“Tan Son Nhat airport needs to be upgraded to handle between 40 and 50 million passengers each year,” Deputy Prime Minister Trinh Dinh Dung stressed at a meeting between Government and local administrations last week.
The most significant headway for expansion efforts was made after the Ministry of Defense agreed to move all military training operations out of the three major air hubs - Tan Son Nhat, Noi Bai, and Da Nang airports, according to Lai Xuan Thanh, Director of the Civil Aviation Authority of Vietnam (CAAV).
The acquired military land will be used to build an additional runway, allowing the airport to gradually increase its capacity to 38 million passengers per year by 2019, Thanh said.
At the same time, the aviation industry has implemented a parallel flight route North to South and shifted from flight equipment to satellite by the end of November 2016. That has reduced 24 per cent of waiting for flights and 42 per cent of flying times.
“The aviation industry will try to seek investment to upgrade the airport,” Thanh said.
The ministry of Transport instructed the Airports Corporation of Vietnam (ACV) to expand current T2 international terminal to accommodate three million additional passengers, raising the total capacity of its two terminals to 28 million.
A 21-hectare area of military land will be handed over to the Ministry of Transport to expand Tan Son Nhat’s current jet parking space and allow for up to 96 planes to park at a time.
A new mixed-use terminal with a capacity of ten million passengers per year is expected to commence construction in the first quarter of 2017 and be completed within 12 months, according to CAA. The terminal will be built over three hectares of former military land.
Upon its completion, the three terminals of Tan Son Nhat airport will boast a total design capacity of 38 million passengers a year.
A plan is also taking shape to erect a fourth terminal, expected to span 15 hectares over current military lands and serve up to ten million passengers per year, raising Tan Son Nhat’s capacity to 48 million, CAA estimates.
“To increase capacity for Tan Son Nhat Airport, local authorities must review and set a compensation plan,” Deputy Minister of Transport Nguyen Nhat told the Tuoi Tre (Youth) newspaper.
But Nhat noted that this will depend on how HCM City invests and improves its traffic situation to the airport.
“It is not so difficult to invite investors for Tan Son Nhat Airport’s expansion but the most important thing is how to arrange land funds for more transport roads,” he added.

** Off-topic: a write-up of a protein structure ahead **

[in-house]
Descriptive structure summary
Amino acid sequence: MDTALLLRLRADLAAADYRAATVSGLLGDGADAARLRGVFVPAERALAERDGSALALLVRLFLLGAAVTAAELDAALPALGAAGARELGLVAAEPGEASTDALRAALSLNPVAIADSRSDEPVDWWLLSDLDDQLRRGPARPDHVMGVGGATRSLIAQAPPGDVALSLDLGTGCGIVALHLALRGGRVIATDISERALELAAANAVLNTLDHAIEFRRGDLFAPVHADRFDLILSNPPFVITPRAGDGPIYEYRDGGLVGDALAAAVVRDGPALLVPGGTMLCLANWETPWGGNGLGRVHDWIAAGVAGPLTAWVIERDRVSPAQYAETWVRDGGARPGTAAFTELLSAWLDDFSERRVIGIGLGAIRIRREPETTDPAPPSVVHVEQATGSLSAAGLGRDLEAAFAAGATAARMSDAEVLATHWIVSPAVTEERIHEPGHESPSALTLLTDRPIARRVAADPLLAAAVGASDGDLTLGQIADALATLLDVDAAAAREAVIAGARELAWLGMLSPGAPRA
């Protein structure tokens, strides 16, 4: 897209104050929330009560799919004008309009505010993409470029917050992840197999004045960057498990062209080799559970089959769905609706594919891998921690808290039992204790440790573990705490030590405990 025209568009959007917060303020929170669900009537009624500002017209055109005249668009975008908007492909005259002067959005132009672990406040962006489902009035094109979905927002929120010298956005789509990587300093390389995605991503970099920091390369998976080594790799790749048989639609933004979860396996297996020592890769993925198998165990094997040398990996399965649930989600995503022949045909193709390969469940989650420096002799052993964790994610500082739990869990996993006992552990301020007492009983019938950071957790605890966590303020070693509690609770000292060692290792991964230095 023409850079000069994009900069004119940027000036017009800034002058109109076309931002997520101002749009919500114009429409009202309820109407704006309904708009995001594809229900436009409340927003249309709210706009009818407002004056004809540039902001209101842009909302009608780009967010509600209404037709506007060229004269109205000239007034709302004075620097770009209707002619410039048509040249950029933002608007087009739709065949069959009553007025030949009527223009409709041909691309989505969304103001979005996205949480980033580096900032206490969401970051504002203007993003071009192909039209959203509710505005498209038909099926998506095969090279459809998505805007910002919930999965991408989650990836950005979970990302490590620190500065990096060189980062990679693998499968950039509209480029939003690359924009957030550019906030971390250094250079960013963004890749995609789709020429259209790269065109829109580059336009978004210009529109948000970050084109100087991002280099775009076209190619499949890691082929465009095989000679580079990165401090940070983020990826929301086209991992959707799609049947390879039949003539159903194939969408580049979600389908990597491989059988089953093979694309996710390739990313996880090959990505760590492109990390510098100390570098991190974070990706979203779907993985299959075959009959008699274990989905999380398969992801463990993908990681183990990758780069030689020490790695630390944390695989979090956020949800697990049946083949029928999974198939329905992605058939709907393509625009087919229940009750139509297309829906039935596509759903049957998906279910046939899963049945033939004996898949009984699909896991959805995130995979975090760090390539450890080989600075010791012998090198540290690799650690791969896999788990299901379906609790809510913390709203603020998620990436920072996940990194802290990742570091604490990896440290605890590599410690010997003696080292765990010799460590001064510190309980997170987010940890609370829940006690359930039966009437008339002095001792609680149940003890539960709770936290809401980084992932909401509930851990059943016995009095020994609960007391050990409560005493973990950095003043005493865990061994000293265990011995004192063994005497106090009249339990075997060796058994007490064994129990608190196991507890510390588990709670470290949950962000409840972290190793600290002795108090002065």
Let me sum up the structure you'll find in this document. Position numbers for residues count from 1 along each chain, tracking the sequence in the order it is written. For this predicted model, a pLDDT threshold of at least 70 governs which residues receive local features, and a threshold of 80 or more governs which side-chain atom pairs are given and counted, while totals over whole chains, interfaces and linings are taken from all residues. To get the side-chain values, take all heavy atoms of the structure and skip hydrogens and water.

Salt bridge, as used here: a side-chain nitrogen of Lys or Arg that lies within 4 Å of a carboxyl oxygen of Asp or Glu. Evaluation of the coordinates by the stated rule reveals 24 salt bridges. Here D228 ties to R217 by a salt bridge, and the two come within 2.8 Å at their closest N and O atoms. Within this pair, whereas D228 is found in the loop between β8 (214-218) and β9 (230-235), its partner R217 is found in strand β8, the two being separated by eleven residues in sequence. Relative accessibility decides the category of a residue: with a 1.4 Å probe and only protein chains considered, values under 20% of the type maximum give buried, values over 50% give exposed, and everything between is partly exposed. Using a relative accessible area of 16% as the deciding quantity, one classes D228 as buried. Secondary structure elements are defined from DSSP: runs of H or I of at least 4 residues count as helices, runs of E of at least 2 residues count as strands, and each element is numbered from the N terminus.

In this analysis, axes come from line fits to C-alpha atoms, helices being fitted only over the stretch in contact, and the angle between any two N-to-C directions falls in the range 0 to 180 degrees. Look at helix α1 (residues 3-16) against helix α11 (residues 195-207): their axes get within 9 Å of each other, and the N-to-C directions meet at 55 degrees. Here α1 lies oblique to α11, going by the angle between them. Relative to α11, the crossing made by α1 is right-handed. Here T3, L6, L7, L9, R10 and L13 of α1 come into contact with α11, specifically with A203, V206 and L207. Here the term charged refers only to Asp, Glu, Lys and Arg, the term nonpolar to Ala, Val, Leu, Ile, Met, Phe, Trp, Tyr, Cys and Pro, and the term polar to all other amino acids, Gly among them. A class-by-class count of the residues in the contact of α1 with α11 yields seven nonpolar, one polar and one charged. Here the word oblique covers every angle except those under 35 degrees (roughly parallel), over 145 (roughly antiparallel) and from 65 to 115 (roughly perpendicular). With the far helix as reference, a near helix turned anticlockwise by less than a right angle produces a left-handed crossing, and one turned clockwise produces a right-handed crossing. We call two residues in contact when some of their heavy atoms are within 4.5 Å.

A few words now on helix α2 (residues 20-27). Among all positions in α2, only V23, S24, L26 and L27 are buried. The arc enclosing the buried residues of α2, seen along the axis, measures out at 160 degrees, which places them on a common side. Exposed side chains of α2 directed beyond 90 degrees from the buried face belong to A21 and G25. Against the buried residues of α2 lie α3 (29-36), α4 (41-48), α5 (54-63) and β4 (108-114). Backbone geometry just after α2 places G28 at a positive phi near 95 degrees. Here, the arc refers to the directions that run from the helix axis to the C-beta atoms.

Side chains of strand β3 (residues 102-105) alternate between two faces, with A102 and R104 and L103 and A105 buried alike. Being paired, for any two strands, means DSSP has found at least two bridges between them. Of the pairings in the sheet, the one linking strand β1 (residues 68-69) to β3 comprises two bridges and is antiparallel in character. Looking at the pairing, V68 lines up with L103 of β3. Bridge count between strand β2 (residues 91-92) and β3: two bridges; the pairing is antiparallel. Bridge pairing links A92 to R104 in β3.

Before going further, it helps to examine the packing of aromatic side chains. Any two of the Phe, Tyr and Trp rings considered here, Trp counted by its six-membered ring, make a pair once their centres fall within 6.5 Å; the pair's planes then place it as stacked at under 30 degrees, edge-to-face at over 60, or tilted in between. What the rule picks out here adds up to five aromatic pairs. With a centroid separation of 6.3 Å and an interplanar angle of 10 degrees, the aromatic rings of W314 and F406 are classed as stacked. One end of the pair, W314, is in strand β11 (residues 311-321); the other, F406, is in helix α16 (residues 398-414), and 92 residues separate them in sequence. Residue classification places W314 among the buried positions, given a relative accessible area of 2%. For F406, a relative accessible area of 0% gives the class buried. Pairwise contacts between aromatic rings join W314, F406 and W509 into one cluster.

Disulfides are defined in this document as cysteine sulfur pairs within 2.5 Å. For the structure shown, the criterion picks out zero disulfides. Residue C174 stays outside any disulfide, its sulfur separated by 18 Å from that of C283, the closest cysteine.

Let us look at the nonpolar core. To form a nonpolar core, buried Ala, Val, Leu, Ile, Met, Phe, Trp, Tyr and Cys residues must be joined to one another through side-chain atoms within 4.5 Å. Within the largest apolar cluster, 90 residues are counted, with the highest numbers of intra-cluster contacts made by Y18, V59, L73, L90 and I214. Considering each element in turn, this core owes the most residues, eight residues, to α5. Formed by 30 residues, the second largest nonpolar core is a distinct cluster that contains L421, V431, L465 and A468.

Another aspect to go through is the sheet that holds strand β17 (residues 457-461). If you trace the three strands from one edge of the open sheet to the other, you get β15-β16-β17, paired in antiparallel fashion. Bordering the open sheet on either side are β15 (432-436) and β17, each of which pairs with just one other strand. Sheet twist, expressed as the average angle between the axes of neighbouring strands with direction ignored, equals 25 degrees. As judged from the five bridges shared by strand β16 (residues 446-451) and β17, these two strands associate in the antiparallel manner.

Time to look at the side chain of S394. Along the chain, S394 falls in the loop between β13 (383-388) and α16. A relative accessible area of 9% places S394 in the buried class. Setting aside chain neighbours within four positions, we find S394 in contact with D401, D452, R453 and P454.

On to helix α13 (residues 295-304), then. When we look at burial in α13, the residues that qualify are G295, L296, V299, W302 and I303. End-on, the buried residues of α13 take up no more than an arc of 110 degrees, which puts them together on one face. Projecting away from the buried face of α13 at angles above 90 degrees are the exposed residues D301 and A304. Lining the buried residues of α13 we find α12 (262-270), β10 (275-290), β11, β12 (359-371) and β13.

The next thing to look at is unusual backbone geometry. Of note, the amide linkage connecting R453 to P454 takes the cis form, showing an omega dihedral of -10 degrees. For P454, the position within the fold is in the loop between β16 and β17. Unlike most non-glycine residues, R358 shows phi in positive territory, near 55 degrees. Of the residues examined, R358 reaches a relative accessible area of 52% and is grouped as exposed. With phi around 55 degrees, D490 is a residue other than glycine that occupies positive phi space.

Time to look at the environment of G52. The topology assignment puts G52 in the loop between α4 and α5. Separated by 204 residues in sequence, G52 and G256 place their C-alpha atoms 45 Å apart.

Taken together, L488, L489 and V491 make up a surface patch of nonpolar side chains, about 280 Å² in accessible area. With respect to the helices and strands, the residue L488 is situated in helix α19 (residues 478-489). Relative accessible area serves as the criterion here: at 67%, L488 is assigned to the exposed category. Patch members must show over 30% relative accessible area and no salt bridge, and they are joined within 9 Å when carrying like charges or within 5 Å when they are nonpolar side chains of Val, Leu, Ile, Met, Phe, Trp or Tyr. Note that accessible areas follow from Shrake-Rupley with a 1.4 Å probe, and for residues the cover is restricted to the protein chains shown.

Tran Doan Mau, Director of the Southern Airports Authority, suggested establishing ’satellite’ transfer stations located near Tan Son Nhat airport to ease overcrowding in its terminals.
“The stations would serve as satellite terminals, with fully integrated information desks, parking lots, check-in counters, and waiting rooms for passengers to await their flights.
Shuttle buses would run between these stations and the airport to transfer passengers directly to their boarding gates,” he said.
Possible locations for these stations include Gia Dinh Park and Hoang Hoa Tham Street, 500 meters away from the airport.
“Such stations can be built in six months at a cost of 500-700 billion VND (22-31 million USD), compared to 3-4 trillion VND (134-179 million USD) and three years to build a full terminal,” he explained.
With less than one month away from the country’s biggest holiday season of the year, Lunar New Year, Tan Son Nhat airport is expecting an influx of passengers in the weeks to come.
The airport is expected to welcome over 2.5 million passengers between January 20 and February 10. Nearly 800 fights will go through the airport on a single day during the season’s peak, ACV said, with the number of daily passengers reaching over 123,000, an increase of more than 11,000 passengers from 2016.
Tan Son Nhat is already overstrained by the steady flow of flights and passengers. It received more than 26.5 million passengers last year and the number is expected to increase to around 31 million this year, making an upgrade an even more urgent task.
Rapid growth of the local aviation market in recent years, with 650-750 flights coming and leaving the airport every day, has overwhelmed airports in major cities and led to regular flight delays and cancellations.
Figures from the CAAV showed that more than 20,000 flights, or 15.8 percent, were delayed, in the first six months this year. That was up slightly from 15 percent a year ago.
Tan Son Nhat has more problems to deal with apart from rapid passenger growth, with flooding right on the tarmac and traffic congestion on the streets outside causing chronic delays.
With 32 million passengers passing through the airport in 2016, the airport is far surpassing its design capacity of 25 million air travelers.
With eight more years until Long Thanh International Airport in the nearby Dong Nai Province, the designated successor of Tan Son Nhat, is expected to be completed, officials are working on a way to help alleviate the load.